The Service Blueprint includes the Customer Journey, the Frontstage, the Backstage, and the Support Processes, separated by the line of interaction, of visibility and internal interaction respectively.

The service blueprint provides a structure and an approach to orient everything you do toward the customer (i.e., customer-centricity), rather than toward the organisation and systems. I cannot emphasise enough how much this one tool has changed my analysis approach for the better. Even when not doing service blueprinting per se, I’ve found myself using the Frontstage and Backstage constructs in much of my analysis.

NNGroup (yes those guys again) define it as:

“the activity of planning and organising a business’s resources (people, props, and processes) in order to (1) directly improve the employee’s experience, and (2) indirectly, the customer’s experience.”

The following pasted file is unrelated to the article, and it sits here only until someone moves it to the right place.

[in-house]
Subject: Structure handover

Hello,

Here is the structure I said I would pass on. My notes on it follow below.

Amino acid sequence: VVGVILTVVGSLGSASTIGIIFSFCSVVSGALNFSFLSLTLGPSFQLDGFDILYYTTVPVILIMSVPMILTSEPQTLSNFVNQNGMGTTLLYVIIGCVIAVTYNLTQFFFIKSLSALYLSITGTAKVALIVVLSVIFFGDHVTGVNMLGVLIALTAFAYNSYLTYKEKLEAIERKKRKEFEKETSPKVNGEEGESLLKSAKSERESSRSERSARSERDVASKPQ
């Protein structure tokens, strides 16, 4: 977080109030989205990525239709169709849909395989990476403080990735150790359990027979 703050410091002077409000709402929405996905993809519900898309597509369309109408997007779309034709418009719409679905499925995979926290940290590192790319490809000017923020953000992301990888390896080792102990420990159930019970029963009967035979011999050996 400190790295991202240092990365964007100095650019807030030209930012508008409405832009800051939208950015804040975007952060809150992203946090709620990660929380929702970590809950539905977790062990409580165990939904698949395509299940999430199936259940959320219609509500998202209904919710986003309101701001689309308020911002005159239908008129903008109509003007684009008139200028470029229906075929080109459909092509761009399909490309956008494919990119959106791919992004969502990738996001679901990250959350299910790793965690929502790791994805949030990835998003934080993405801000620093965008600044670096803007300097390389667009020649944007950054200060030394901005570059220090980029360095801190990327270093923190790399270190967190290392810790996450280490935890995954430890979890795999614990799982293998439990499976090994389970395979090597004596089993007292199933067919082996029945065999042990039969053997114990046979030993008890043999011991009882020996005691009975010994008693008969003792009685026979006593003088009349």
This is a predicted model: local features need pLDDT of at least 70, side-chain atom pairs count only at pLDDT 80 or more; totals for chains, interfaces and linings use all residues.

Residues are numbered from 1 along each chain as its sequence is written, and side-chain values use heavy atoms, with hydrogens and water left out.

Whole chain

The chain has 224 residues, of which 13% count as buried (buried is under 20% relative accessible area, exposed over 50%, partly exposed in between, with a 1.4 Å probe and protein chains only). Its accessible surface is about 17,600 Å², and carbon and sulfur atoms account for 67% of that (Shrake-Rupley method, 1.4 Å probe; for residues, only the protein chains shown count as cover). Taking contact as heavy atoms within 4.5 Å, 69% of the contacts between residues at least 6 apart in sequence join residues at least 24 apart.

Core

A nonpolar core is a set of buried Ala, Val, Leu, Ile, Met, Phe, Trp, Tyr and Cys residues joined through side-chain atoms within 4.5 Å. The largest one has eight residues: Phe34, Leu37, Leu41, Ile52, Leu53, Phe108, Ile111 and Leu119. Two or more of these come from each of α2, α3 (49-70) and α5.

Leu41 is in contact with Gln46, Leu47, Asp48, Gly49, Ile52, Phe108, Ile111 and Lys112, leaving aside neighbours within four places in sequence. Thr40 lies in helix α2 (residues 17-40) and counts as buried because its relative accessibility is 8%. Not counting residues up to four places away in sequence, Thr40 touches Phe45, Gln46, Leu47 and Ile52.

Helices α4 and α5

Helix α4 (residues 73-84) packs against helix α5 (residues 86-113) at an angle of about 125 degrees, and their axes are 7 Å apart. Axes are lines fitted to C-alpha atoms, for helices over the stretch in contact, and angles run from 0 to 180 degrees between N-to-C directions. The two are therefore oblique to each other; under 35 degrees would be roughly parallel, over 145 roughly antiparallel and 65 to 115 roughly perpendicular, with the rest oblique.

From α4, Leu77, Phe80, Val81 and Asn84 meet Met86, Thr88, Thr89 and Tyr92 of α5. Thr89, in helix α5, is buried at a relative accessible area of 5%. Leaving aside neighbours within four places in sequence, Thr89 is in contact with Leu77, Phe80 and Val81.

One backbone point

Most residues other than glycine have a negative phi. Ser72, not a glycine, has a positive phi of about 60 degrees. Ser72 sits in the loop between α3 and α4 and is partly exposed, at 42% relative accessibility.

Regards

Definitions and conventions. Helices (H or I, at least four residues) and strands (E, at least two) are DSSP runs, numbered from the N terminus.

Pretty much everything you might ever want to know about service blueprints is collated in NNGroup’s Service Blueprint study guide.

In my experience, no two service blueprints look quite the same—which is fine because I think that success is being able to visualise all the moving parts, not necessarily to adhere to some arbitrary standard (but I know a few designers who would disagree strongly with that opinion!)

Closing remarks

There you have it! Those are the un-jimmy methods that sit alongside the Jimmy methods.

You now know all my secrets and can steal my job!

Now obviously this isn’t an exhaustive list of ALL the techniques I use, but simply some of the most important ones that I go back to time and time again.

And my best advice is, if one of these isn’t appropriate in your context: Just google it.

“The internet is your friend!”

Me (Hannah)

Please do hit me up on Linkedin or by email if you have any feedback! I’m always up for random questions, and I’d love to know if you think there are better tools I should be using!!!